Don’t Expect Software as a Service to be a Complete Solution
Back when the acronym for how software was delivered was COTS (commercial off-the-shelf software), everyone understood that shrink-wrapped software had limitations. But now that we have SaaS (software as a service), the shrink-wrap is invisible and it’s easy to forget. Whether COTS or SaaS, software you purchase that isn’t built specifically for you never provides all the features you need.
It’s important to check for omissions, particularly in the areas of security and data management. Even when your data is hosted and stored in the SaaS application, it remains your data and your responsibility. That means ensuring data is secured and protected in accordance with company policies and regulatory requirements.
As an example, take a look at Microsoft 365 (abbreviated M365 and formerly known as Office 365). M365 delivers many of the fundamental software capabilities businesses need, including email, file sharing, collaboration tools, office productivity software, and other key services. As a cloud-based service, Microsoft provides support for the physical infrastructure on which these services run. That greatly reduces the demand on a business’s own IT team.
But as with all SaaS services, you may find you need to take additional steps to make sure your M365 data is protected to the level you need.
The potential gaps to explore include:
Like all cloud services, M365 is highly available. Nevertheless, there are occasional cloud outages that can prevent you from accessing critical data. To ensure you have access to data even when M365 is down, you need to backup data and store it out of the Microsoft cloud. The 3-2-1 backup rule applies to SaaS, too.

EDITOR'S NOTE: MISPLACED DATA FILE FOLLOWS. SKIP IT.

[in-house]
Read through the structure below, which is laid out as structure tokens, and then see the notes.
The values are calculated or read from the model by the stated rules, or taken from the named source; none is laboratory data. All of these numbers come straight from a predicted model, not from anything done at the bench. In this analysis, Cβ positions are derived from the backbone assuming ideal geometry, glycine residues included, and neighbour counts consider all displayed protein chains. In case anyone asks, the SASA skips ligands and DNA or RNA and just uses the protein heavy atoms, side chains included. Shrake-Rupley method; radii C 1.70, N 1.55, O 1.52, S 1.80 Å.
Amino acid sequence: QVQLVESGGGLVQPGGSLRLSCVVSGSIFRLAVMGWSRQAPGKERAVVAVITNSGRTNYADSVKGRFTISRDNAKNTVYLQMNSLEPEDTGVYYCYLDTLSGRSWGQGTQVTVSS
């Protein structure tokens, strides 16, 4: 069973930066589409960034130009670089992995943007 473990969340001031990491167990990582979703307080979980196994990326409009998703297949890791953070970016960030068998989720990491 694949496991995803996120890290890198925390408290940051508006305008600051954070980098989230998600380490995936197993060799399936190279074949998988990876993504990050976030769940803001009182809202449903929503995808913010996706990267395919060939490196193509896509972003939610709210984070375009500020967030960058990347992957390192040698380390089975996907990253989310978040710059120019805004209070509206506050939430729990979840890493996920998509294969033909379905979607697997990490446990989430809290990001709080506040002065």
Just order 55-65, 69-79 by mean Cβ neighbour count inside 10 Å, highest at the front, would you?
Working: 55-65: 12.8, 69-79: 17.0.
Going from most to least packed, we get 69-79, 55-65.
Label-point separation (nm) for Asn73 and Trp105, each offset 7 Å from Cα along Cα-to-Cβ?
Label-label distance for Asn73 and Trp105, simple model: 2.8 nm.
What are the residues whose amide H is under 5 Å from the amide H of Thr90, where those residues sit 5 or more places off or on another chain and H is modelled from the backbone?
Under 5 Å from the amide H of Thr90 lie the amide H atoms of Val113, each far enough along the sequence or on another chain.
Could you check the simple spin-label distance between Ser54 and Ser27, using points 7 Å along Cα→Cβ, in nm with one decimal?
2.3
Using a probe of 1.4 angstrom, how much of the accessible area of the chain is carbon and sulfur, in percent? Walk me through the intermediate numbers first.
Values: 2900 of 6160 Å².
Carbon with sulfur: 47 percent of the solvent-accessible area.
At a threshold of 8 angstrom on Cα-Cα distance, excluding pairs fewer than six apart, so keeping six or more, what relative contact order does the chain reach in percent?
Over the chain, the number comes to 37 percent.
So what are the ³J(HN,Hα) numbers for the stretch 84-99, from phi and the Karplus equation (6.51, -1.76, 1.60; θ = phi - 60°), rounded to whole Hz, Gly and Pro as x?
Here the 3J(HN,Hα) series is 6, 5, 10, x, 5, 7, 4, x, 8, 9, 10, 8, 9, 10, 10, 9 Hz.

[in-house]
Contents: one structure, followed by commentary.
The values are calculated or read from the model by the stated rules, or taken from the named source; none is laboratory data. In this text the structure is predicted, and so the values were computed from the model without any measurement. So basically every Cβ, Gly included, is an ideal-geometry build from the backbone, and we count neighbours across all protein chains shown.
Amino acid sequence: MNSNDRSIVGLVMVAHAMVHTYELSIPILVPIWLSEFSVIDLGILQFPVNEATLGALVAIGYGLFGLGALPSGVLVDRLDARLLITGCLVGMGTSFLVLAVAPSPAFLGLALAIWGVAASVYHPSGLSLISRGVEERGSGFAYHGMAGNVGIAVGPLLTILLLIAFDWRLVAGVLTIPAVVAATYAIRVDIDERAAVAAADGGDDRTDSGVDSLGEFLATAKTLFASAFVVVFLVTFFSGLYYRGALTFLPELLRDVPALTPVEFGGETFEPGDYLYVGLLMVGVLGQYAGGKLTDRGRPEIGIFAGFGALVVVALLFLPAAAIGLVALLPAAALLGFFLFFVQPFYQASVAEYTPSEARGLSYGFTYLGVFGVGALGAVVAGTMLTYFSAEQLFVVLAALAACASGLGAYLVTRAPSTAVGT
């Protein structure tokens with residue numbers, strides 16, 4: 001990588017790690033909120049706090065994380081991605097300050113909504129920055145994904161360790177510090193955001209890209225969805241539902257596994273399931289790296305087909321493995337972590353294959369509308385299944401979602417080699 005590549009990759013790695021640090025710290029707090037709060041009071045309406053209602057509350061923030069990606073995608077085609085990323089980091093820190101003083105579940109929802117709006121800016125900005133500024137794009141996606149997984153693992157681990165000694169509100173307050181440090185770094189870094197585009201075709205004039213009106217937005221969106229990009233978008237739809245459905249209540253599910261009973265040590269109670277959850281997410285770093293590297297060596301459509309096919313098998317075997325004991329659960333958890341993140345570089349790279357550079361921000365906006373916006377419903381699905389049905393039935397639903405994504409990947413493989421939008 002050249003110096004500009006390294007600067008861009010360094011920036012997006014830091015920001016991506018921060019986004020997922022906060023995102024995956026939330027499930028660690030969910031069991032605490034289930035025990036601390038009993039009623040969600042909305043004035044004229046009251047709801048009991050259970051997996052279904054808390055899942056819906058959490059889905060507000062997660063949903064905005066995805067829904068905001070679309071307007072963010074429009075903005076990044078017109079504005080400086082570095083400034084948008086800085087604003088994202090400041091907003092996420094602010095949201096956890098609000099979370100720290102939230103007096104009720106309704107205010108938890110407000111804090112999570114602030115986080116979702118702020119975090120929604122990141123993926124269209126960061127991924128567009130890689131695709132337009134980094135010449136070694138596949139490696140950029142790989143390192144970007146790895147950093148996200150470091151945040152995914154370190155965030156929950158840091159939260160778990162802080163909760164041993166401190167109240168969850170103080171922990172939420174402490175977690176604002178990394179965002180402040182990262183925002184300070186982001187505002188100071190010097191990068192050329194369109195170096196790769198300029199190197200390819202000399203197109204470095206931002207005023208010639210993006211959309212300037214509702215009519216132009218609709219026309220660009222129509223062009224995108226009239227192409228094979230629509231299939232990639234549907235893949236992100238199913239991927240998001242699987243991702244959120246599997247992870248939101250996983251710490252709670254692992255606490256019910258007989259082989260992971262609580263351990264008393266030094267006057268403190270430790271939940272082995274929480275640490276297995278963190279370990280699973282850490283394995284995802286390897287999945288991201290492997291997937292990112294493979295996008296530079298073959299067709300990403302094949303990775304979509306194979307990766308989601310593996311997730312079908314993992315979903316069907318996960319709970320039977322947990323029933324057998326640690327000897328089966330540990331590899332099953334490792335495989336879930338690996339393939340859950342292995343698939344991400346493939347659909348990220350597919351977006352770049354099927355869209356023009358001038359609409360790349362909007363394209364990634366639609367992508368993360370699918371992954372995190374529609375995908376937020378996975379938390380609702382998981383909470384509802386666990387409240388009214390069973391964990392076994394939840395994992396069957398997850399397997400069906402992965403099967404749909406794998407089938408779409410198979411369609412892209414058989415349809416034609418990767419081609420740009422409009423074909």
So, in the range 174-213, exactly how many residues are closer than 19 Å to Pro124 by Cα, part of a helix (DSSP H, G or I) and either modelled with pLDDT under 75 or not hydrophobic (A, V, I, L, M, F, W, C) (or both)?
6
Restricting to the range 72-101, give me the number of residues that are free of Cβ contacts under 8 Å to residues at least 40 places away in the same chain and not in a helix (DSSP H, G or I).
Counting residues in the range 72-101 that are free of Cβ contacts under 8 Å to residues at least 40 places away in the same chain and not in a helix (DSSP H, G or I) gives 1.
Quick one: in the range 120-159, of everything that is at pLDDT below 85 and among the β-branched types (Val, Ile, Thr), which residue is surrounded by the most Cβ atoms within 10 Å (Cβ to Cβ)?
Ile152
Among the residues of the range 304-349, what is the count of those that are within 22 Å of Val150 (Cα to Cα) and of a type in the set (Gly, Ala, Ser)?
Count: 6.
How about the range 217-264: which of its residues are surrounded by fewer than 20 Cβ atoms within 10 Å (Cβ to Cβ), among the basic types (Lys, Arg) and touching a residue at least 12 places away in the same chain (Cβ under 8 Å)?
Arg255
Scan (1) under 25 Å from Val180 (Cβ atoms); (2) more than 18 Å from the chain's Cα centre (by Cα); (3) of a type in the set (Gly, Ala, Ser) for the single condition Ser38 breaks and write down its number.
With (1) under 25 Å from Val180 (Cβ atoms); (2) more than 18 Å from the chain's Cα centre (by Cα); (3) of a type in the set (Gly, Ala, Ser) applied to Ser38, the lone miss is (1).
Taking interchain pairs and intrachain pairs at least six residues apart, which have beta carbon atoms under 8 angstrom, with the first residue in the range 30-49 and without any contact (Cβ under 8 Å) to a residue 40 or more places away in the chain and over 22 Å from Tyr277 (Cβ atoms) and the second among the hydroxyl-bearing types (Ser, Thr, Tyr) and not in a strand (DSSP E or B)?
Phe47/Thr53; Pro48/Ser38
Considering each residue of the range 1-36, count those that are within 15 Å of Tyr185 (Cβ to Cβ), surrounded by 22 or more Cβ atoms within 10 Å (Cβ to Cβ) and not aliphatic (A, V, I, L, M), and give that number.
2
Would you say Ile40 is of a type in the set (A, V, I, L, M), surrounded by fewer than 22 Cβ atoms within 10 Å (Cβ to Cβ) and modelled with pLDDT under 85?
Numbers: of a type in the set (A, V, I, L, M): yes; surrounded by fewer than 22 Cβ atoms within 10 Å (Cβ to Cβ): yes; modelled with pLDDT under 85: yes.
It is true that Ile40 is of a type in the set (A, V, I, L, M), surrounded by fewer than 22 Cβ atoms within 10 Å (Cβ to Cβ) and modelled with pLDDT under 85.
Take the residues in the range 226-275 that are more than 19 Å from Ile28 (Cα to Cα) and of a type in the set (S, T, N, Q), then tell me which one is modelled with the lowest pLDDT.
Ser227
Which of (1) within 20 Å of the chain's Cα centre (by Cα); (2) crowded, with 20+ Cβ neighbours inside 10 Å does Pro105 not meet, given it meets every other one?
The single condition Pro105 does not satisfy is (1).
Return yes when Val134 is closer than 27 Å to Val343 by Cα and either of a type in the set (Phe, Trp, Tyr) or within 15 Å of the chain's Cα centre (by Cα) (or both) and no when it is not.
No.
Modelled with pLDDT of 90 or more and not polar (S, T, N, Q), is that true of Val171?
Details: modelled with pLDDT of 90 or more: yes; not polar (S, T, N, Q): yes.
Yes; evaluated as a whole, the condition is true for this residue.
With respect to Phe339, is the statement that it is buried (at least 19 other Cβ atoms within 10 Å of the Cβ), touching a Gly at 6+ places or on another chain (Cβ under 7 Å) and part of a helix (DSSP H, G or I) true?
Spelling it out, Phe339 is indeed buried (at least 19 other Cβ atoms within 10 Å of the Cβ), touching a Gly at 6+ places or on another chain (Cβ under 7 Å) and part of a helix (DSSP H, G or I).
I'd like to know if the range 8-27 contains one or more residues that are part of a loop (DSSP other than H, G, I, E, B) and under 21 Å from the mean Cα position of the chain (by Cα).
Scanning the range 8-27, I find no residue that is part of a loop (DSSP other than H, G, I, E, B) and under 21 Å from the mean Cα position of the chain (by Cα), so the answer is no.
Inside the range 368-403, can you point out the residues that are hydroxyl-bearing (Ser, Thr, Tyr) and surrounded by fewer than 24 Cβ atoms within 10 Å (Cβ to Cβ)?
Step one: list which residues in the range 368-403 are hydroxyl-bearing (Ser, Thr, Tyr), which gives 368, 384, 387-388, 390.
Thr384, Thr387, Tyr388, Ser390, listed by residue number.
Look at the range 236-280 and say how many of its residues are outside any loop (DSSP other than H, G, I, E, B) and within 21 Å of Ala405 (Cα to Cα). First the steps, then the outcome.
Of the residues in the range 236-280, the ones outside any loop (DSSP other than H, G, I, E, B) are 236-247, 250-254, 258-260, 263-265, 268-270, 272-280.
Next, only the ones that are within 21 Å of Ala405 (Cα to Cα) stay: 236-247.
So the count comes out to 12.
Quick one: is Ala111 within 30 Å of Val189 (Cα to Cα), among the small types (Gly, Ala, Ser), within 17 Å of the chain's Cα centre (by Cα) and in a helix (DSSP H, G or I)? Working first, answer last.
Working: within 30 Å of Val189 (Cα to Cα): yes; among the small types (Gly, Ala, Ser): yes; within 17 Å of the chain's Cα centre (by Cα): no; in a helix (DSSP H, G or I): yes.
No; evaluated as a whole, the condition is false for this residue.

2. Data loss.
Users can accidentally delete files. Data can be damaged by malware or malicious users. While Microsoft may enable recovery of the file, this depends on when the loss is detected. Although OneDrive retains older versions of files, it’s possible for historic versions to be corrupted. The only way to ensure you can recover data successfully is to have your own copy of the data. In addition, you can use Microsoft’s Advanced Threat Protection for a higher level of security against malware.
3. Retention and compliance.
M365 provides some retention features, but these may not match the needs of your specific industry or business. Retaining files in M365 uses storage and can result in higher expenses. Storing data from former employees can incur licensing costs. Data that needs to be retained only for compliance, rather than routine business use, can often be stored more cheaply elsewhere. Another regulatory concern, data residency, may be hard to meet.
COTS software was never a complete, out of the box solution, and as the Microsoft 365 example shows, neither is SaaS. Prescient Solutions offers complete support for Microsoft 365, including email migration to get you set up, along with ongoing Microsoft Office 365 services to ensure your configuration meets all your business needs.
Contact us to evaluate your requirements and build a complete solution for your M365 and other SaaS environments.